Some people are always ready to communicate, anytime day or night but I am not that person. I require a certain amount of prep work. I can listen to someone else, but as for sharing my day or talking about what I'm working on or interested in or excited about, I have to be in the mood or get myself motivated to do so. I've only started to notice myself being this way as I have gotten older which has made me wonder why. I have a half-baked theory to share.
Before I can have a meaningful conversation, I have to get right with myself and do some self-validating. I have to remind myself that I don't need for the other person to get excited with me or understand my thoughts or feelings or agree with me. I have to remind myself that their reactions and responses (or lack thereof) do not determine the relevance of what I have to say. It takes work to do this because it is not my default mode, I would prefer everyone think I'm brilliant and always right, and everything I have to say is intellectual and stimulating. Unfortunately, that is not the way life works thus the reason I must mentally prepare and sometimes I just think I'm too tired or too lazy to equip myself properly so let's chat another time.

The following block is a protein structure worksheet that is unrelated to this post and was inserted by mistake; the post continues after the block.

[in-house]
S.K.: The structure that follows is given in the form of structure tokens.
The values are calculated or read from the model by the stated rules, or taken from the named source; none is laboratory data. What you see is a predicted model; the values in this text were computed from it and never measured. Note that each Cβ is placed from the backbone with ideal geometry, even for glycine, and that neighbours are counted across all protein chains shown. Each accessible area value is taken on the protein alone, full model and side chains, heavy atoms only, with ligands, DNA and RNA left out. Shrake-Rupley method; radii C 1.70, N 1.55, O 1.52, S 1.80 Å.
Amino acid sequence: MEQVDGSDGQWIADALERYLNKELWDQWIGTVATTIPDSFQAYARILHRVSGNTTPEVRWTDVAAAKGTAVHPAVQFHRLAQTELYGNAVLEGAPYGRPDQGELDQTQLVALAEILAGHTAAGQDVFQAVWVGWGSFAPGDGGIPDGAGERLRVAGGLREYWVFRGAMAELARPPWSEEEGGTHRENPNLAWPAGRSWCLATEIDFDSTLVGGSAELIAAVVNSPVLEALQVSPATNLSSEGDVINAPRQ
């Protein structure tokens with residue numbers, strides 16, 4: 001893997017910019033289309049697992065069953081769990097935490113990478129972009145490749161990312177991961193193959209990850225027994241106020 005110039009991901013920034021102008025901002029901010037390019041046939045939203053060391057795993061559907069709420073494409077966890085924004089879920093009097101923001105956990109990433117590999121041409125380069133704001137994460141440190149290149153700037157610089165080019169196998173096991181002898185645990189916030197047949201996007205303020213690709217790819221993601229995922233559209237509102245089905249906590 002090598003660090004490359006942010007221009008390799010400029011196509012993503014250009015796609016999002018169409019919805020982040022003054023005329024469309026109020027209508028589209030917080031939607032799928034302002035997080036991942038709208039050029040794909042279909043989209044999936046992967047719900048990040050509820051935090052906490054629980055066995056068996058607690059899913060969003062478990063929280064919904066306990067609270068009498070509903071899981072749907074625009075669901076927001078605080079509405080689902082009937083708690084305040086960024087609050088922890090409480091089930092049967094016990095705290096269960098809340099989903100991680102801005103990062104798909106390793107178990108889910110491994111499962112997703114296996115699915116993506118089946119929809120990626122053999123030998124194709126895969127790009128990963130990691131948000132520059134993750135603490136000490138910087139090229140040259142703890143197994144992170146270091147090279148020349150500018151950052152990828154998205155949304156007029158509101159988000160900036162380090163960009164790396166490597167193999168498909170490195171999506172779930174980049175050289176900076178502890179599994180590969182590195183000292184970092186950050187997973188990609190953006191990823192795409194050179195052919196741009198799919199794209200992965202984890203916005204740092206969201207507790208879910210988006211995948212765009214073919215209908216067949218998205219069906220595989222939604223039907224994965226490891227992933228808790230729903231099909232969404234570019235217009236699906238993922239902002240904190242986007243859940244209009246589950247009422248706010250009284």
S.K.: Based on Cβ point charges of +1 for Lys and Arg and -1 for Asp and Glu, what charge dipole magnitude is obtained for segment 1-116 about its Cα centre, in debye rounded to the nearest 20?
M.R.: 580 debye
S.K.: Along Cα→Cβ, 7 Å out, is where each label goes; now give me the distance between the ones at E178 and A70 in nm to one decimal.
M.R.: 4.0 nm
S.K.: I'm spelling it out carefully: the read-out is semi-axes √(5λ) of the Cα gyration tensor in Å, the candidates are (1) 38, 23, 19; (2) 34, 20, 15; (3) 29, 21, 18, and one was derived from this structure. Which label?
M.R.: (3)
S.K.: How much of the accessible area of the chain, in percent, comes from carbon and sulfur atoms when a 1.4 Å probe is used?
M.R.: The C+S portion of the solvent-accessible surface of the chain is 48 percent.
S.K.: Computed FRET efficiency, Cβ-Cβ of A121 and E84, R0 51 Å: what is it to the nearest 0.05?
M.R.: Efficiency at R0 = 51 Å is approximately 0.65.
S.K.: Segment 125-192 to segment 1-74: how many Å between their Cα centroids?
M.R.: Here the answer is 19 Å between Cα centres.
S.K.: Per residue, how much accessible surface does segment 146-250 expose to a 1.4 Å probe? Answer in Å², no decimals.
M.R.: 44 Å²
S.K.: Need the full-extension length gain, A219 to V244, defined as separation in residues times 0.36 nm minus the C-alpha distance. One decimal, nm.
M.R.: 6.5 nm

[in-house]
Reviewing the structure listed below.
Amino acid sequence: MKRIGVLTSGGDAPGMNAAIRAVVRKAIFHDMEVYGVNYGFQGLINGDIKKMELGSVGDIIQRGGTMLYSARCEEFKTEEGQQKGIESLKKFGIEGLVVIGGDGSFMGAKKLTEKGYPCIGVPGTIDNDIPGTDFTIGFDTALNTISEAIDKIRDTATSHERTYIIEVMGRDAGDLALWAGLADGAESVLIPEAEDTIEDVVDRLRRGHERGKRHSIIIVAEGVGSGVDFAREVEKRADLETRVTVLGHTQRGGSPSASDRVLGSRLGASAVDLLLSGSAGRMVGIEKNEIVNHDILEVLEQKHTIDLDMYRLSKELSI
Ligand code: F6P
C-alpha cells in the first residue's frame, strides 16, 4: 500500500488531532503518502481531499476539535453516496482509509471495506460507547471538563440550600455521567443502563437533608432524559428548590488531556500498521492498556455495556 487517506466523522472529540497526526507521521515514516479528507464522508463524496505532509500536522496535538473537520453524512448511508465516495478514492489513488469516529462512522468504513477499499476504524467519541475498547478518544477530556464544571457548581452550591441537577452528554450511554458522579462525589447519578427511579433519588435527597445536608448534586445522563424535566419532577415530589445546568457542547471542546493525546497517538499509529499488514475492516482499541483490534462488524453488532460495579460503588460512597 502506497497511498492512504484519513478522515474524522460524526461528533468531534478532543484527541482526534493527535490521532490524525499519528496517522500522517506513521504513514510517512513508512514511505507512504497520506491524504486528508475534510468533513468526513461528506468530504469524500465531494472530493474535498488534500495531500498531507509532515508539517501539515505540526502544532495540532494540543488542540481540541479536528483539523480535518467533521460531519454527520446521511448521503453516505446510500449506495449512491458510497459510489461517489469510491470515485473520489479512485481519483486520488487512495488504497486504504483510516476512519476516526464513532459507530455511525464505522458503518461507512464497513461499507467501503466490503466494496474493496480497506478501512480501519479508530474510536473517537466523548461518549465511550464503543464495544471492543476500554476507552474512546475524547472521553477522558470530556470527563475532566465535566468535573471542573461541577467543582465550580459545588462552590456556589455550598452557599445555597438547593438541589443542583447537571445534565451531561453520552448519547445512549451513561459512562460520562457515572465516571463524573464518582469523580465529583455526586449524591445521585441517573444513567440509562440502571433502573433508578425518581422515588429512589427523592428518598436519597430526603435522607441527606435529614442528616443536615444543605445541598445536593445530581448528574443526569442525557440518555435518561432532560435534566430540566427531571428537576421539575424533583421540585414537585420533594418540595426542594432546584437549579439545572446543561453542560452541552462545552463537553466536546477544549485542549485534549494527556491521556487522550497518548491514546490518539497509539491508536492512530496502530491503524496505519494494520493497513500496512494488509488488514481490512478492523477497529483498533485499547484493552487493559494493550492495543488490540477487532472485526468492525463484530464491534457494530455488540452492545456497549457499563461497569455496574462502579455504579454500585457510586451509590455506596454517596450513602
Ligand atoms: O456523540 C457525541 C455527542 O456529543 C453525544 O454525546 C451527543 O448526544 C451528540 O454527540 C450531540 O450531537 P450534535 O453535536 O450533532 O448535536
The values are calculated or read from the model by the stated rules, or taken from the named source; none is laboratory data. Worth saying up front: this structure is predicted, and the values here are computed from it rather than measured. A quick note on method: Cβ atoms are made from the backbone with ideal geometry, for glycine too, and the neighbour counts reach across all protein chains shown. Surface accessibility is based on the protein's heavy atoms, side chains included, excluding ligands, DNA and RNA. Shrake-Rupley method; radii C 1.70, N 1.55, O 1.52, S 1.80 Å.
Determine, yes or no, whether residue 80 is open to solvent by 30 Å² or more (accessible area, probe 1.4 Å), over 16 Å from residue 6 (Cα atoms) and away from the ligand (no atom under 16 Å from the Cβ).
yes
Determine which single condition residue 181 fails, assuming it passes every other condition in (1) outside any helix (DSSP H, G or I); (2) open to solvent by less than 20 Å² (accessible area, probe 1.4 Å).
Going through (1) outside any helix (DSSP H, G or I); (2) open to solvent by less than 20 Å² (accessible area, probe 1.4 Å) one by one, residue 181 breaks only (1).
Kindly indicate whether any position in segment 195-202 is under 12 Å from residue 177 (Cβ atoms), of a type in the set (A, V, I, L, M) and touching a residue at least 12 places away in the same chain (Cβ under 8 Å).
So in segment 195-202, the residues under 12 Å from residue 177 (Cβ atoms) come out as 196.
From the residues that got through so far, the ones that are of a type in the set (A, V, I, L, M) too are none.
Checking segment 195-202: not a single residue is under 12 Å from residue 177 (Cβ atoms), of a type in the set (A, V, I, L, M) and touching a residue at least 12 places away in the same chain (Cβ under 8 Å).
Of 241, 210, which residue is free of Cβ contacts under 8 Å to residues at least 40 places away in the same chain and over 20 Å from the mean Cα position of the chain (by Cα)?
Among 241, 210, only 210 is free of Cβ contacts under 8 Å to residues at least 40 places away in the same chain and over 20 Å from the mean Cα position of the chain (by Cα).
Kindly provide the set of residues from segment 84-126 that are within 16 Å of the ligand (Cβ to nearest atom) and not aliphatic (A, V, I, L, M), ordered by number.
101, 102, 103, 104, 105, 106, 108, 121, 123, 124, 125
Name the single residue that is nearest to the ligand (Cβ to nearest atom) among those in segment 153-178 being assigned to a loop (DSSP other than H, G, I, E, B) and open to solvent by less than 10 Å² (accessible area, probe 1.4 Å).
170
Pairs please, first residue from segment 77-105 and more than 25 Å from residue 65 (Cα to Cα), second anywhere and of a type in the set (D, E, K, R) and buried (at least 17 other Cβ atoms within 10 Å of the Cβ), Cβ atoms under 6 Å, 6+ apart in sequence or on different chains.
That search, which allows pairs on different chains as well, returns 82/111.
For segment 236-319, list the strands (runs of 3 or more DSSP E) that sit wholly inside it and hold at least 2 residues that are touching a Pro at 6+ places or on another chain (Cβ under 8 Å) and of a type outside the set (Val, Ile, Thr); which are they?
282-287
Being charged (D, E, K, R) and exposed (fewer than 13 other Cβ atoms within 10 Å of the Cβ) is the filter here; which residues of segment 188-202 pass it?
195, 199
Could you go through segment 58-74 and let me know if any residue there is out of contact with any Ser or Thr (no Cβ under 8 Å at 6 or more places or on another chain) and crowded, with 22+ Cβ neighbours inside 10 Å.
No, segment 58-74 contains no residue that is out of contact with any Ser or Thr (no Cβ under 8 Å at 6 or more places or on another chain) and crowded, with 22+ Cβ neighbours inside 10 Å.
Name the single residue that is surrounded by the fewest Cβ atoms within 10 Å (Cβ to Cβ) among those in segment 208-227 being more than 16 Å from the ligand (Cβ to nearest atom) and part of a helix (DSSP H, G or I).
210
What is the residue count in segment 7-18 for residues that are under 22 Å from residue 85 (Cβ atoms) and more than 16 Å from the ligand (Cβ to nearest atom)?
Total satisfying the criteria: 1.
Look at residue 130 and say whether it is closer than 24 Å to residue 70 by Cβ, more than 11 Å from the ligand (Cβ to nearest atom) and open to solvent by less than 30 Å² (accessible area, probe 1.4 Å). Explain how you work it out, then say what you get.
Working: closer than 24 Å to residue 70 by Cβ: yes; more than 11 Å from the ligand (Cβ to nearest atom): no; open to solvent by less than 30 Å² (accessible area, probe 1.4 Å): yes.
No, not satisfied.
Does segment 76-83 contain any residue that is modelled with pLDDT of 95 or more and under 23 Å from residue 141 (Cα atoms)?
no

We communicate to share and share to be understood (see my post on Miscommunication). We seek for others to share in our excitement when we are happy and we seek comfort and support when we are sad. But I think that sure puts a lot of pressure on the other person to know what you need or want in that moment and give it to you unconditionally. Maybe there is a compromise somewhere in there, but I haven't found it yet. I will say this though, because of the way I compensate for what I need or want I have started to become a better conversationalist for those around me. I have learned the difference between listening and hearing, receiving information and engaging, asking questions and seeking clarification.
Of course, it is still a fantastic feeling when someone else validates us; I think we all crave validation from time to time so knowing how to self-validate is maybe a worthwhile skill to master even if it means not always being ready to have a meaningful conversation at the drop of a hat. Quality interactions can just learn to have a little patience!